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Homework Help: Isothermal Expansion: Work and Heat

  1. Apr 21, 2009 #1
    Which of the following statements are true?

    1. Heat is converted completely into work during isothermal expansion.
    2. Isothermal expansion is reversible under ideal conditions.
    3. During the process of isothermal expansion, the gas does more work than during the isobaric expansion (at constant pressure) between the same initial and final volumes.

    Carefully consider all options and choose the best one.

    A only
    B only
    C only
    A and B only
    A and C only
    B and C only
    A and B and C

    I can't seem to figure this one out. I think the answer is A only because that definitely works. I'm very unsure about the other two statements though. I believe B is incorrect because only adiabatic processes are reversible. And I believe C can be correct or incorrect based on the situation so I pick A.

    Thanks for the help guys!
  2. jcsd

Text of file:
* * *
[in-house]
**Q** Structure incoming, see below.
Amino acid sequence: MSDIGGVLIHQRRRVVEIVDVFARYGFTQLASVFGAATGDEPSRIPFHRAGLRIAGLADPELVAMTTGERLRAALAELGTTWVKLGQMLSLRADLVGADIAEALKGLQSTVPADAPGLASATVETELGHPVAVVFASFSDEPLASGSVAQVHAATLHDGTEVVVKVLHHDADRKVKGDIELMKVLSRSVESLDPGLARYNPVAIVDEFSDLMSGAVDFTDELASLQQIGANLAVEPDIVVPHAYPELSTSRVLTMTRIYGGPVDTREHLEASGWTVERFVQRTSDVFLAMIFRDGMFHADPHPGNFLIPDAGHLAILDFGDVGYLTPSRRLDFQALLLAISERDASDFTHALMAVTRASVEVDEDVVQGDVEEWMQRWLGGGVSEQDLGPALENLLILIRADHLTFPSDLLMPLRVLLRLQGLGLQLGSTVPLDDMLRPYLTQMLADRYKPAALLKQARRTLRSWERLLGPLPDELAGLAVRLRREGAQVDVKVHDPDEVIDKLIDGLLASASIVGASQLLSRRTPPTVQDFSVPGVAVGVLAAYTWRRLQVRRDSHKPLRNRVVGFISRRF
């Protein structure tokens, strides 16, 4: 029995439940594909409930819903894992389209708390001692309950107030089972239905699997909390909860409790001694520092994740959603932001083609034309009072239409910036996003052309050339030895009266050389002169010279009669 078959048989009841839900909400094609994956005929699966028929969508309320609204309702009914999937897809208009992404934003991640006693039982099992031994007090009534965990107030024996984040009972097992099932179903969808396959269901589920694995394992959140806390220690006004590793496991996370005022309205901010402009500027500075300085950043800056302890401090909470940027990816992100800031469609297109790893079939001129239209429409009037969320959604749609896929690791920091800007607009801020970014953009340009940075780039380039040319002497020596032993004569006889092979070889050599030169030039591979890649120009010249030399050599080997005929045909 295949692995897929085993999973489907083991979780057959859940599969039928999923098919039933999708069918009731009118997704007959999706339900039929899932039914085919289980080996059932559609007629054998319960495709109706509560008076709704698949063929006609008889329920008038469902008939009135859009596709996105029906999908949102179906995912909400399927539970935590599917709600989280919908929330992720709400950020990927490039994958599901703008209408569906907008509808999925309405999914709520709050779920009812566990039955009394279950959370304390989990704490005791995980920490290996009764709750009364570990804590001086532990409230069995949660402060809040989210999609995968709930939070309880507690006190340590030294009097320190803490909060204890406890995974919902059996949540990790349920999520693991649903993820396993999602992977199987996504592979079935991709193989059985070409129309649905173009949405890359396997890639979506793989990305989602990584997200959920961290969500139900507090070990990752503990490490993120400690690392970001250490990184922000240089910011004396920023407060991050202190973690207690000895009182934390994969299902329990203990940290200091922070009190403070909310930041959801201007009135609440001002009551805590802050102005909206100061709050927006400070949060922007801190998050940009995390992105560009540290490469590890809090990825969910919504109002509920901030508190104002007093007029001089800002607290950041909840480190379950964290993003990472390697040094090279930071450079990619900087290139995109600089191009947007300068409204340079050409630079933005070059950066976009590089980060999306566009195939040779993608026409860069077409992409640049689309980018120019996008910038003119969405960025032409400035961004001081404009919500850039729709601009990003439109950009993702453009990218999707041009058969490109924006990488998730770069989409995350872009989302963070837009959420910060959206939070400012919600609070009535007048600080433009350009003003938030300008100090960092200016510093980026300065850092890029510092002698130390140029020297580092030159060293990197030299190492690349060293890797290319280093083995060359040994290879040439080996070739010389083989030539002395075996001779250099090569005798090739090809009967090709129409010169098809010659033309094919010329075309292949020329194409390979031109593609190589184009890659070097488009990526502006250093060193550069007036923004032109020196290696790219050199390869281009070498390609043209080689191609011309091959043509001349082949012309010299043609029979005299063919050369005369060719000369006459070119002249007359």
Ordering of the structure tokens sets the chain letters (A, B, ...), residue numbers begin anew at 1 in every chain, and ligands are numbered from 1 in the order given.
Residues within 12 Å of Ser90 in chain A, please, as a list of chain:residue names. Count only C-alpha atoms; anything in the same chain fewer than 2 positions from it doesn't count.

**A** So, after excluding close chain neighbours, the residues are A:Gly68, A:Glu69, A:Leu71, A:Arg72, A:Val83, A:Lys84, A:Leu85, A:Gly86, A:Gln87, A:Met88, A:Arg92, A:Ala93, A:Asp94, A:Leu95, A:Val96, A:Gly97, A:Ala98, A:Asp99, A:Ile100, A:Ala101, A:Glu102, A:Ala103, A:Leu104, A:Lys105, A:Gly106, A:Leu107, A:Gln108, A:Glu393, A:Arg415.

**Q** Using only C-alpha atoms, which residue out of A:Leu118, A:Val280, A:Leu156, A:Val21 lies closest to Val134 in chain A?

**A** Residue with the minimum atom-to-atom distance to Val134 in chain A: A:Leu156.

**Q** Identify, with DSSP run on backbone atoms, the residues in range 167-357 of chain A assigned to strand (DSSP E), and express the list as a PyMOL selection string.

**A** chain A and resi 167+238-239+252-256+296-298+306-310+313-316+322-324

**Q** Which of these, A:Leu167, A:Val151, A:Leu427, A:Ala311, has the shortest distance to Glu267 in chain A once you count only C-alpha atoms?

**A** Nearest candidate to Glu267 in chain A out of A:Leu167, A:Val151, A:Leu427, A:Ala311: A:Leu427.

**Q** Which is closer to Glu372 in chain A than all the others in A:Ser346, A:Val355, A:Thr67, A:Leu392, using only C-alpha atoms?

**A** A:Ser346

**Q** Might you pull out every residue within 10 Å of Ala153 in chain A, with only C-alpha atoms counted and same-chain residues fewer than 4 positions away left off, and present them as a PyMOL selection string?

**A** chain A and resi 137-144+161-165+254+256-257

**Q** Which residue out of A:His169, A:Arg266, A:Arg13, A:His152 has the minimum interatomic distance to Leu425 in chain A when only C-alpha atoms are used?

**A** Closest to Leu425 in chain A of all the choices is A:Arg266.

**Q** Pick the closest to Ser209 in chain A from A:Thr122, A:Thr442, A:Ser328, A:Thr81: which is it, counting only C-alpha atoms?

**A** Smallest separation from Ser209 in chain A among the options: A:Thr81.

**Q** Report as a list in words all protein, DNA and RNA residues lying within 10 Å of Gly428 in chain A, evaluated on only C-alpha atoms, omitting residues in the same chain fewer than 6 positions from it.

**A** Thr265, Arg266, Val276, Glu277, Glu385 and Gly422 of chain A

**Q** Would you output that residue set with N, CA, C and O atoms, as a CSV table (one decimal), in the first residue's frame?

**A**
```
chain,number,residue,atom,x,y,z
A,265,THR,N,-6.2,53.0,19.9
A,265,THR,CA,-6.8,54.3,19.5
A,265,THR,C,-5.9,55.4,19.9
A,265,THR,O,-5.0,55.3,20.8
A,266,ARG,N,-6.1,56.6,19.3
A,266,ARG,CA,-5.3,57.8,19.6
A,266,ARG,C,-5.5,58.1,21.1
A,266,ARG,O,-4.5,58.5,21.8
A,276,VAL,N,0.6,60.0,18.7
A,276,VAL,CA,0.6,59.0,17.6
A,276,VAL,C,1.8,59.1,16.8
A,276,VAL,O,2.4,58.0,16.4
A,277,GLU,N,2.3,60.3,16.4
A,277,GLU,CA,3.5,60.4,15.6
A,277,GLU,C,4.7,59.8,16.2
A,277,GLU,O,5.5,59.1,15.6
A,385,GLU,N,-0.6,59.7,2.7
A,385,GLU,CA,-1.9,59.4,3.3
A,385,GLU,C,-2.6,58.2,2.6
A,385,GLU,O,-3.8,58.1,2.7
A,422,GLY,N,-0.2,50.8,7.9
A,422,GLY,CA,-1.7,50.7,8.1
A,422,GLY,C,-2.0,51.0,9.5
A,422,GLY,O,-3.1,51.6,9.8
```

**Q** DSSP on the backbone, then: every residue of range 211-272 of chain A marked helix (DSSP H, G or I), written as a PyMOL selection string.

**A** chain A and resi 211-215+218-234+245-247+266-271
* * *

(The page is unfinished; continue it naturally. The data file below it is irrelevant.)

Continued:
3. Apr 21, 2009 #2

    Andrew Mason

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    For A, apply the first law. What is the change in internal energy in any isothermal change? What does that tell you about the relationship between work and heat flow (W and Q)?

    For B, consider the classic four parts of the Carnot engine cycle: is isothermal expansion part of that cycle?

    For C, draw a PV diagram for isothermal expansion and for isobaric expansion. Which graph as the most area under it? What does that area represent?

  4. Apr 21, 2009 #3
    so I'm guessing that A works because the law applies W=Q.

    B actually works because in the carnot engine cycle, isothermal expansion can be reversed.

    C, the area represents work. I would say that more work is done on the isobaric.

    So A and B only is the correct answer. Am I right?
    Last edited: Apr 21, 2009
  5. Apr 21, 2009 #4
    i've noticed no one has answered yet. I kind of need this by tonight. thanks!
  6. Apr 23, 2009 #5

    Andrew Mason

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    You are. But you don't seem very confident. Is the isobaric path above the isothermal? If so, it has more area and represents more work.

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